The war, according to CNN

BY Ammu Joseph| IN Media Practice | 24/03/2003
Clearly coverage of the war can be thrilling as long as it does not involve, quote unquote, the truth, the whole truth and nothing but the truth.



Ammu Joseph in New York

CNN, which claims to be "the most trusted name in news,"  provided some interesting glimpses into the mind of mainstream American media during the Newsnight programme hosted by Aaron Brown late on Saturday night (
22 March 2003).  When I tuned in, close to midnight, Brown was just trying to "clear up a little mess" he had apparently created earlier by suggesting equivalence between the pro- and anti-war demonstrations held across the country earlier in the day.  In response to angry calls and e-mails from the organisers of the pro-peace demonstrations, he clarified that the marches to protest the attacks on Iraq had been substantially larger than those in support of the government and its use of military might to bring about "regime change" in Iraq

However, CNN`s  continuing effort to play down the magnitude and meaning of the protests was all too evident on both television news programmes and its website.  The news headlines on Saturday night chose to highlight the demonstration  in Washington, D.C., which happened to be much smaller than the one in New York this weekend, possibly because an estimated 100,000 Washingtonians had taken to the streets just the previous Saturday (15 March) to protest the war.   The impressive turnout in New York (between 120,000 and 250,00 according to official and unofficial estimates respectively) was glossed over by focusing exclusively on the 90 demonstrators reportedly arrested at the tail end of an otherwise huge, long and  peaceful march -- thanks to  a scuffle between a small group of young people and the police -- without any mention or images of the enormous crowd of people who had gathered to register their  protest against the war in a non-violent manner.  Similarly, Saturday’s protest in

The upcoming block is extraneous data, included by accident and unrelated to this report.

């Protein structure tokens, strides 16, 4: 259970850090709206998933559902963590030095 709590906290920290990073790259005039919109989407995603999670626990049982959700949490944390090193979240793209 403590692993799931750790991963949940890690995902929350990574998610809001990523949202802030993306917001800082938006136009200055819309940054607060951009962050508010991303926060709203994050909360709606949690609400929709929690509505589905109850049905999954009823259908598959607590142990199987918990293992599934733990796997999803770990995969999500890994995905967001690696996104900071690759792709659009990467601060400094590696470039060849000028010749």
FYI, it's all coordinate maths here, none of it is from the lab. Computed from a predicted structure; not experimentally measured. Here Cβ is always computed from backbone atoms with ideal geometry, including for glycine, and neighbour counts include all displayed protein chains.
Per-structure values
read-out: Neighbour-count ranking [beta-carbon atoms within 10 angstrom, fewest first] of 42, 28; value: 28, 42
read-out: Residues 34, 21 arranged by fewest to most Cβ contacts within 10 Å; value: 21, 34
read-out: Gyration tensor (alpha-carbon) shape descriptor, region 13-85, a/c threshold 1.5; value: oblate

Los Angeles was reported only in terms of the people arrested for refusing to leave a street corner. 

Later in the Newsnight programme, Brown anchored a discussion with three journalists based in
Chicago, St. Louis and San Diego.   After talking in general about public attitudes towards the war in different parts of the country, and the opportunities and challenges of covering the war, the discussion turned to the new phenomenon of "embedded journalism" that has come into being in the current conflict. 

James Warren of the Chicago Tribune highlighted the fact that it was "a double-edged sword."  On the one hand, he pointed out, the inevitable close relationships between embedded correspondents and  the troops with whom they have already spent two months could affect their ability to maintain the distance necessary for  professional journalism.  On the other, events such as the grenade attack by an American soldier on fellow members of the 101st Airborne division based in Camp Pennsylvania in northern Kuwait, which is clearly a "PR nightmare" for the armed forces, may never have been allowed to come to public attention were it not for the presence on the spot of Jim Lacey of Time magazine.